Bahir Dar (HAN) April 17. 2016. Public Diplomacy & Regional Security News. Been better for the Tana High-level Forum on Security in Africa taking place this weekend in the Ethiopian town of Bahir Dar. In a lengthy profile by journalist Jeffery Goldberg of The Atlantic magazine, Obama broke with convention and laid the blame for the almighty mess that was unleashed following the bombing and subsequent killing of Muammar Ghaddafi squarely on Britain’s David Cameron and France’s Nicholas Sarkozy’s failure to plan for the aftermath and lack of follow-through. Having stirred up a massive hornets’ nest, Cameron, he said, became ‘distracted’ and Sarkozy, who used the bombing as a macho chest-thumping gesture, lost interest and was, not long after, to lose the French presidency.
The irony is that African Union negotiators and political analysts have warned of just such an outcome, but no one ‘who mattered’ was listening. At last, the powers that be – or at least one of them – has had the courage to admit that military might does not equate to ‘knowing better’ and precipitate action based on wish fulfilment, or as Obama reveals so candidly in The Atlantic, on ‘what is expected’ rather than what is needed, can lead to an explosion of disastrous consequences. Some of these consequences are washing up on Europe’s shores as countries scramble to put up barricades against the human tide fleeing from brutal wars and the nihilistic destructiveness of the terrorist armies.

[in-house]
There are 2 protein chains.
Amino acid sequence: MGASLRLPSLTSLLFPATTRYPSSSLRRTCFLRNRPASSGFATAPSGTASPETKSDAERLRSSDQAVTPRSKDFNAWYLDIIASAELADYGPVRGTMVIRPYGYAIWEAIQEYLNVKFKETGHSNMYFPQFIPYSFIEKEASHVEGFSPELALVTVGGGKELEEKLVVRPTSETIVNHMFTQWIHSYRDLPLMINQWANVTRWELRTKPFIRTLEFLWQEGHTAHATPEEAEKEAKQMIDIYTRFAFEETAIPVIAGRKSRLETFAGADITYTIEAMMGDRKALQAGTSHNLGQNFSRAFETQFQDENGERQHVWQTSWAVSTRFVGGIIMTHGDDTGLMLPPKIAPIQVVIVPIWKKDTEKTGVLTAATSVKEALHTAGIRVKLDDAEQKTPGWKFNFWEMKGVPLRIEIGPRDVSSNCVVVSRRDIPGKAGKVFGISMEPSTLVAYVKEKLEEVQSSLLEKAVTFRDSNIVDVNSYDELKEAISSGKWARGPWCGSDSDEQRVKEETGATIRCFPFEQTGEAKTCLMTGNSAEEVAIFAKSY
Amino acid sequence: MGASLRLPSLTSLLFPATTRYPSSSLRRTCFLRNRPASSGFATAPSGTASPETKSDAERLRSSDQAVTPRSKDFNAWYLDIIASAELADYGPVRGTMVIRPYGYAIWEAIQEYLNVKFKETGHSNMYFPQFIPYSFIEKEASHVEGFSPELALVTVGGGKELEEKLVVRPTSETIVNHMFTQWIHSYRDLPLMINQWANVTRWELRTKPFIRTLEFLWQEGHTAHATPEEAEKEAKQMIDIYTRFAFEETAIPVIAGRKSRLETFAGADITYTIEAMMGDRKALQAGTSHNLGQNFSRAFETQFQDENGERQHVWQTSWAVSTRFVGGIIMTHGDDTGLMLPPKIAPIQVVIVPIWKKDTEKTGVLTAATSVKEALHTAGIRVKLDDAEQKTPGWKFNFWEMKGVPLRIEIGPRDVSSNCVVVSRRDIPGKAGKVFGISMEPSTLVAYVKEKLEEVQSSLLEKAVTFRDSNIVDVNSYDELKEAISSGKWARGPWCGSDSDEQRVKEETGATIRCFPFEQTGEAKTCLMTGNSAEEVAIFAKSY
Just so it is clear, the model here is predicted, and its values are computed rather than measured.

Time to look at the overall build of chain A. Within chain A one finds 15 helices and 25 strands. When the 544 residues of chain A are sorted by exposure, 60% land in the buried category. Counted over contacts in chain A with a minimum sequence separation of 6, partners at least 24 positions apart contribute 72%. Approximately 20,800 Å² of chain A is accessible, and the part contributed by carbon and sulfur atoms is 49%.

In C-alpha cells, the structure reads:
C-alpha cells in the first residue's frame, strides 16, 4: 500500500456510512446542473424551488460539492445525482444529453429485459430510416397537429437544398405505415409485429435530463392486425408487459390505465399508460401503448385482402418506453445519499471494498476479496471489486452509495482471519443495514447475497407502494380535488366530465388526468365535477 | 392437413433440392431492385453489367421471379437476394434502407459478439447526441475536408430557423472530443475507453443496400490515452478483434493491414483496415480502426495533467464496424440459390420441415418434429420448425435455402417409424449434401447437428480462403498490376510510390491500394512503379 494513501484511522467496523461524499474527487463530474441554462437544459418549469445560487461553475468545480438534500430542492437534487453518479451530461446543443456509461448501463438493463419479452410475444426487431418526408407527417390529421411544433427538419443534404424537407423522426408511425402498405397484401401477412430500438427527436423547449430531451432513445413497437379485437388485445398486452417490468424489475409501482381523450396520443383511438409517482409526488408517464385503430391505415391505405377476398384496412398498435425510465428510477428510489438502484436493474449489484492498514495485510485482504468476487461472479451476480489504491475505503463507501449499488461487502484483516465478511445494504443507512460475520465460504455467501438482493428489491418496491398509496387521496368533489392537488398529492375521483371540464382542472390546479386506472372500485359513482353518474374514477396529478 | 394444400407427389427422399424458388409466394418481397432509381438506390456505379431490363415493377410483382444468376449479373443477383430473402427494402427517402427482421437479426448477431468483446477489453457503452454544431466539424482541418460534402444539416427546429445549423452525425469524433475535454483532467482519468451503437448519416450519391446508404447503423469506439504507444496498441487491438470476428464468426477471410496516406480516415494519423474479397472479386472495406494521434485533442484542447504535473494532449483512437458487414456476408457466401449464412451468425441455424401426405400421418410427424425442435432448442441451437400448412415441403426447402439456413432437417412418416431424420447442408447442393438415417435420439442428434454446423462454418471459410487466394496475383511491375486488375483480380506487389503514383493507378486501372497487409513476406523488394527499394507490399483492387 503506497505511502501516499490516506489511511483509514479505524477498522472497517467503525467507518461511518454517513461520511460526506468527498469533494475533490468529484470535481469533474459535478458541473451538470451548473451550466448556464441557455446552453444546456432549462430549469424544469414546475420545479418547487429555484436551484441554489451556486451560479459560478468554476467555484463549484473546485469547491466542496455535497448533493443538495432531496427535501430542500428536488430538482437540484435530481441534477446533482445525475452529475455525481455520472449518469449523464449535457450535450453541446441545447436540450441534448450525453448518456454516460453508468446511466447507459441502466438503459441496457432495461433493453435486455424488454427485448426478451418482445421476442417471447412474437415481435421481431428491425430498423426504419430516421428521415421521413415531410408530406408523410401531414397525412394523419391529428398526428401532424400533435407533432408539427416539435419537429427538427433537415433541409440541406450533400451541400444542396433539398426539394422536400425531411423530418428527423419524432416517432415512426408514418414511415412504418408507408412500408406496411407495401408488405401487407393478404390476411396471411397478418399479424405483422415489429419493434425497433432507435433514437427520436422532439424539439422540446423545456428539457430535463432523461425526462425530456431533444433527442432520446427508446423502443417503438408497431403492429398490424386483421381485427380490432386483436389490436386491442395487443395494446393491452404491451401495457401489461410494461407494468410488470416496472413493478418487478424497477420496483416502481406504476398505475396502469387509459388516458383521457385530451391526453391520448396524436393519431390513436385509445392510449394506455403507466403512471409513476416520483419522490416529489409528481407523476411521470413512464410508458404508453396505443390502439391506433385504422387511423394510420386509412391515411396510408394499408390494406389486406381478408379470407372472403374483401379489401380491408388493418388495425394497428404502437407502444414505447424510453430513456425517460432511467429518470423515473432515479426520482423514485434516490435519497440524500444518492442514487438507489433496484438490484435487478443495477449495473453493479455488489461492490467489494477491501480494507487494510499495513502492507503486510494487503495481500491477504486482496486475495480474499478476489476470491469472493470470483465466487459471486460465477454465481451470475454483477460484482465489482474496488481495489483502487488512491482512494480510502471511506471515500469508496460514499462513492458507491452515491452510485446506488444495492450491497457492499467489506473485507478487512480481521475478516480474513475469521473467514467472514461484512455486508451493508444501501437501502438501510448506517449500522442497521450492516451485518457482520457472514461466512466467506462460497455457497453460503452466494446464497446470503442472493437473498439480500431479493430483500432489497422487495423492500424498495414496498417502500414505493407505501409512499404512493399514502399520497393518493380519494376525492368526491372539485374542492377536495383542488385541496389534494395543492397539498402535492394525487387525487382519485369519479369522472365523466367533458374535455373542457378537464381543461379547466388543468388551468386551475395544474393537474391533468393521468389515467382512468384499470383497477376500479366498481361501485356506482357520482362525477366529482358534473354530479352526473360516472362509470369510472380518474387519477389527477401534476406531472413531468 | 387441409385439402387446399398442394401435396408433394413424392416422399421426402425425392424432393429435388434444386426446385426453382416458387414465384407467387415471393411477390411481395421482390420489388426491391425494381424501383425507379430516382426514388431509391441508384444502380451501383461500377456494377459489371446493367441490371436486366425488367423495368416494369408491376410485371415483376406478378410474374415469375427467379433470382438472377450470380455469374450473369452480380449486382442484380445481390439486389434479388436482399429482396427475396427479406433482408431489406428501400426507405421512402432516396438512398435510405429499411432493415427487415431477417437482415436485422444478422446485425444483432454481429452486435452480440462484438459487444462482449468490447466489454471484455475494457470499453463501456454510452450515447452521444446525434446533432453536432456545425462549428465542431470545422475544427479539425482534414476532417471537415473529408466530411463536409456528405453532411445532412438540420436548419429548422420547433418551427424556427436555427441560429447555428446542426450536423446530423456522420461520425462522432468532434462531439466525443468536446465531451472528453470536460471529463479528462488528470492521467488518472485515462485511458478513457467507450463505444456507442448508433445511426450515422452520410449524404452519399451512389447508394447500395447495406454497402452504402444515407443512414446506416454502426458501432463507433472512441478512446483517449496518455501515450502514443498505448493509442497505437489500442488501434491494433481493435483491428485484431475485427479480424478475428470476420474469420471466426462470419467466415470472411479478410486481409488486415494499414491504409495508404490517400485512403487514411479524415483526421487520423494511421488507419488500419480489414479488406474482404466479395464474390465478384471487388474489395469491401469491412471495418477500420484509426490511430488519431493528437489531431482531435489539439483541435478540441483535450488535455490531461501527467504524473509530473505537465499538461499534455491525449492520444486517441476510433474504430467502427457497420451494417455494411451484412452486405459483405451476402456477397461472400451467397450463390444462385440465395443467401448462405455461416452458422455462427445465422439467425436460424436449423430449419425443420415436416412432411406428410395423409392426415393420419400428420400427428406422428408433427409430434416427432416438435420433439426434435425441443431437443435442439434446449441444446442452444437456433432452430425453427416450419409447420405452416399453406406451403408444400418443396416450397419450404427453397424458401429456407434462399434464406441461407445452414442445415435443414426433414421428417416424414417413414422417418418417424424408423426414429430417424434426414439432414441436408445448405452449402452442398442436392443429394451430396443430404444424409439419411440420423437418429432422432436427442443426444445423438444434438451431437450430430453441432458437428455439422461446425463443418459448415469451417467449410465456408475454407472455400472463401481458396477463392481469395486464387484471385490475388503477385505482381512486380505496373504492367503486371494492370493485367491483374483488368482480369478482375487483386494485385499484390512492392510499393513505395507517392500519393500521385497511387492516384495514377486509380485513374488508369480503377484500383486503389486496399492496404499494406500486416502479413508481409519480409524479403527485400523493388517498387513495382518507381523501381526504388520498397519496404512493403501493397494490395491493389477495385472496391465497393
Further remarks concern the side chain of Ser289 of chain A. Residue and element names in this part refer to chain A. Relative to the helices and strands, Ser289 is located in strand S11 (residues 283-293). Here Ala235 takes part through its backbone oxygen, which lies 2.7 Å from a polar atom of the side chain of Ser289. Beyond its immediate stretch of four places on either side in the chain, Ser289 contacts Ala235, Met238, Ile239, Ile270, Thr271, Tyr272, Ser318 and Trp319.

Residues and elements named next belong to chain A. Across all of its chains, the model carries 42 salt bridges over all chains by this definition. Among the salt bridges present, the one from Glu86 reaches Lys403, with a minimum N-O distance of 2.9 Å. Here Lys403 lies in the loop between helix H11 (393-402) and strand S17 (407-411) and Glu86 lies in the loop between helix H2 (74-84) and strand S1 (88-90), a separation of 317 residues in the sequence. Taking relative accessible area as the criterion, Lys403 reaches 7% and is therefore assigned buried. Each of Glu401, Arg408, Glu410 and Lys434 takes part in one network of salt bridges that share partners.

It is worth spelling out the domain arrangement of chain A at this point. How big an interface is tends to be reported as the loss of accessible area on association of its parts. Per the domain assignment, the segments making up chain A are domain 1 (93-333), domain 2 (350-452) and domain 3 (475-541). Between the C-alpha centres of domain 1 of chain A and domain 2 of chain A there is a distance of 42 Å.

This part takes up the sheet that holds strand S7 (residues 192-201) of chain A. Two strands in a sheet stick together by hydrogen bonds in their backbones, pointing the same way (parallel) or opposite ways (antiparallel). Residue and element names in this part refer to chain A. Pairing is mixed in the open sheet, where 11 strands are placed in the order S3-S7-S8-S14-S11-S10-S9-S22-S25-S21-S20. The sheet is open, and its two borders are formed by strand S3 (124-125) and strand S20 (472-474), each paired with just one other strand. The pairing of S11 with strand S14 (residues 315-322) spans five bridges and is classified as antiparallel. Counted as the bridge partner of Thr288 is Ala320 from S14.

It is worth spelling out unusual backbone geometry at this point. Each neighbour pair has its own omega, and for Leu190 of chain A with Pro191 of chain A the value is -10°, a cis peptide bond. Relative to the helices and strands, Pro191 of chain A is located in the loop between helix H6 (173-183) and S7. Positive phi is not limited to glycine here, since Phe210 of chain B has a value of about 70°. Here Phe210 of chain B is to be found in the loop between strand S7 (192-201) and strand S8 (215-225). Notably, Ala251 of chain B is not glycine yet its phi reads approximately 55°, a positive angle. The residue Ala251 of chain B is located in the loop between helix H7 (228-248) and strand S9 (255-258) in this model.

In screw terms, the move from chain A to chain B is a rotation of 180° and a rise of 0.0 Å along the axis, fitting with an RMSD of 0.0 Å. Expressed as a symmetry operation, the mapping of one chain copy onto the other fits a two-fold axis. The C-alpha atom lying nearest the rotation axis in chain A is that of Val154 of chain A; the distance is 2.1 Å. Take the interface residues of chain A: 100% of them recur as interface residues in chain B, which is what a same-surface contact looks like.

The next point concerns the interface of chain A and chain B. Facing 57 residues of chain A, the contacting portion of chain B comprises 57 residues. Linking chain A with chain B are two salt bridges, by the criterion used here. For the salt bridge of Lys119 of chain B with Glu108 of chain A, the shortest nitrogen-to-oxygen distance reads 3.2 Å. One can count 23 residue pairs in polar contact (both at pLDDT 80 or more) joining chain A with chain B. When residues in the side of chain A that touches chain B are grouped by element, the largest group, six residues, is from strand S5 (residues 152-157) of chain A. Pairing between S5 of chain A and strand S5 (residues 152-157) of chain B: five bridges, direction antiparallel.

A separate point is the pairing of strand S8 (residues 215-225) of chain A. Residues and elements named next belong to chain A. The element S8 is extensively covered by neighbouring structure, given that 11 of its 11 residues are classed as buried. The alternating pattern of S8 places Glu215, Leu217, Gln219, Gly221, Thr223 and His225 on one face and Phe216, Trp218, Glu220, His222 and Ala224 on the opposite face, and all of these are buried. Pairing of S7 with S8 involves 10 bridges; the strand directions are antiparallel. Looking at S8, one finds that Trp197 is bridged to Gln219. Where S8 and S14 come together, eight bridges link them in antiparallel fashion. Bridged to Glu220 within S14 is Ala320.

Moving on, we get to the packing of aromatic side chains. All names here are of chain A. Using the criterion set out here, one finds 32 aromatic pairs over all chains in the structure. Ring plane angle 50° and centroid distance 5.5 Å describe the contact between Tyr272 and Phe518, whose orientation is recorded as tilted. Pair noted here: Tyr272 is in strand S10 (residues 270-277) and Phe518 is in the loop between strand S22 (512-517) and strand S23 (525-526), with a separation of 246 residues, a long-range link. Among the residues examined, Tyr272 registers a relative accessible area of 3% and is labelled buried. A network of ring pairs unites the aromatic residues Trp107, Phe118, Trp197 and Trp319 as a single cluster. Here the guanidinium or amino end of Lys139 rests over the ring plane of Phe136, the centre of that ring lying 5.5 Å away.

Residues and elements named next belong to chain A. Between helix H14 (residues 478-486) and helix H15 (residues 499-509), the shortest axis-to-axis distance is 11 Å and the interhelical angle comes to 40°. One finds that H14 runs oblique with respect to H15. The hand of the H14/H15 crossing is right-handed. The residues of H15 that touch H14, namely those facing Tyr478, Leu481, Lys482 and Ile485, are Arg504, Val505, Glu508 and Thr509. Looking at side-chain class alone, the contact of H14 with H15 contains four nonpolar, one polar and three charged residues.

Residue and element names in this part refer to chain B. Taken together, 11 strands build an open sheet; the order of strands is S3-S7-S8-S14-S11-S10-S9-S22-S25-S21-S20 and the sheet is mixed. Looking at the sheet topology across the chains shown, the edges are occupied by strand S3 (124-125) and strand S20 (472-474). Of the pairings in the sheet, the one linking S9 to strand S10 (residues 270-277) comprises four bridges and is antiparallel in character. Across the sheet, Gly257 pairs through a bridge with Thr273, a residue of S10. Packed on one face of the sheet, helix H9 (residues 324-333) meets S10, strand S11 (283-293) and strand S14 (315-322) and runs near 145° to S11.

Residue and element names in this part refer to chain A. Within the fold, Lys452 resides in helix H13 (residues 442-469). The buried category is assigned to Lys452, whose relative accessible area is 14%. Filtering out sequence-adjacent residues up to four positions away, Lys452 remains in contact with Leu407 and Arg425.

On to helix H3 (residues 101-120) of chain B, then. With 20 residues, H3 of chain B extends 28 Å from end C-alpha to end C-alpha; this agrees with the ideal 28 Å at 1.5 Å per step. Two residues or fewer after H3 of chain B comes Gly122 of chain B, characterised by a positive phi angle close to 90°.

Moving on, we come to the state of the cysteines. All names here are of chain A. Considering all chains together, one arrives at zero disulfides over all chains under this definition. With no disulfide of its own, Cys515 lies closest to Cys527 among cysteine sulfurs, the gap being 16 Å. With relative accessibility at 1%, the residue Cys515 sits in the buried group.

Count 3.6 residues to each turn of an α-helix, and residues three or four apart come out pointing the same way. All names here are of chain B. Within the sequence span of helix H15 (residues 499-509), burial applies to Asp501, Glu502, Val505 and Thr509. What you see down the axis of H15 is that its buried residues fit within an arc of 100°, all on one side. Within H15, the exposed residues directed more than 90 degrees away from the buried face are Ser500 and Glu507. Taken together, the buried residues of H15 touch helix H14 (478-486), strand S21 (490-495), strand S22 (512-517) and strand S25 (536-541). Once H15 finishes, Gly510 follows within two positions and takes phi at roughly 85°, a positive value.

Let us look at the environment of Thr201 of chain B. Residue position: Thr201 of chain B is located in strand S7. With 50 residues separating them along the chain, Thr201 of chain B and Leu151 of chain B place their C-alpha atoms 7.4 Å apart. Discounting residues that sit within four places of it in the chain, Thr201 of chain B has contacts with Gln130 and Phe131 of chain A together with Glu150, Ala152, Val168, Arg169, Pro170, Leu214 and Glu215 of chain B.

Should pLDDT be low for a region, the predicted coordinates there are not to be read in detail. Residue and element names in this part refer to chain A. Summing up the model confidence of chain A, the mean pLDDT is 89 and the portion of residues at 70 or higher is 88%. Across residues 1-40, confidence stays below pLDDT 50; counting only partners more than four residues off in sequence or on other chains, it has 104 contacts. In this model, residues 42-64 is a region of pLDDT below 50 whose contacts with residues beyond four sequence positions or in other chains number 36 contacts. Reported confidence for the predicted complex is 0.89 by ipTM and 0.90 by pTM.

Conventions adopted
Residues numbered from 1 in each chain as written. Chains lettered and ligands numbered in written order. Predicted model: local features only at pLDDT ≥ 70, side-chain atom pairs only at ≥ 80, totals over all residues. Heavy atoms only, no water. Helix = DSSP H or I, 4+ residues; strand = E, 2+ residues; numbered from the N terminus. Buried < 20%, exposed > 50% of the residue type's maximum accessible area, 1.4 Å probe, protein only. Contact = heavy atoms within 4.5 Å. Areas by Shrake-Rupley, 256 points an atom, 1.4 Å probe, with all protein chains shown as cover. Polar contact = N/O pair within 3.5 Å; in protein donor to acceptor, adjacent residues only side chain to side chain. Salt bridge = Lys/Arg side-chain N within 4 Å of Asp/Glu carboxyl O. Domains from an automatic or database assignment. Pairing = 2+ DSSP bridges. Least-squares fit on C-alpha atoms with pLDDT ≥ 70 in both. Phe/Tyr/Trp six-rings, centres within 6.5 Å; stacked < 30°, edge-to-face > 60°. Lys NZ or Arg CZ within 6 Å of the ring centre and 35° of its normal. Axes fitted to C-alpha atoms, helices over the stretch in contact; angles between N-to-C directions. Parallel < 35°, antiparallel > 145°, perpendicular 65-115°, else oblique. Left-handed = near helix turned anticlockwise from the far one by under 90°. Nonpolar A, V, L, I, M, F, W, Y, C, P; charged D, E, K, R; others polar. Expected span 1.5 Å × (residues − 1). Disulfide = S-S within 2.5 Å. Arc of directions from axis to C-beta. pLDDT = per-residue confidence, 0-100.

While Europe and the Americas search their souls over what to do with the mounting mass of suffering humanity banging feebly at their doors, Africa has had to deal with similar situations for decades. Ethiopia and Kenya have some of the largest refugee camps in the world but the resources at their disposal are shockingly meagre.
Meanwhile, the mess that was created by the bombing of Tripoli and the brutal, televised murder of Ghadaffi is still wreaking havoc in Africa. The ramifications of the scattering of the former Libyan army, composed to a large part by soldiers from neighbouring African states; the disgorging of thousands of tons of arms and ammunition from Ghadaffi’s arsenal; the destruction of all law, order and social norms in Libya; the dismantling of a thriving trading infrastructure centred around Libya and the creation of fertile environment for the worst of ISIL to occupy and thrive in, are still in full flow. The Sahel is now on fire. Extremism is on the march, sweeping like a scythe with its centre in Benghazi and slicing up countries, institutions, communities.
Boko Haram and Al Shabab, both of which had been described as ‘dying of thirst’ as their energy sources dwindled prior to the 2011 NATO bombing of Libya, appear refreshed and more dangerous than ever. Their appetite for committing atrocities has increased several degrees – while the poor girls kidnapped from Chibok have still not been found, an ever increasing battalion of little girls is being sent out to blow themselves and as many others as possible in a macabre frenzy of death.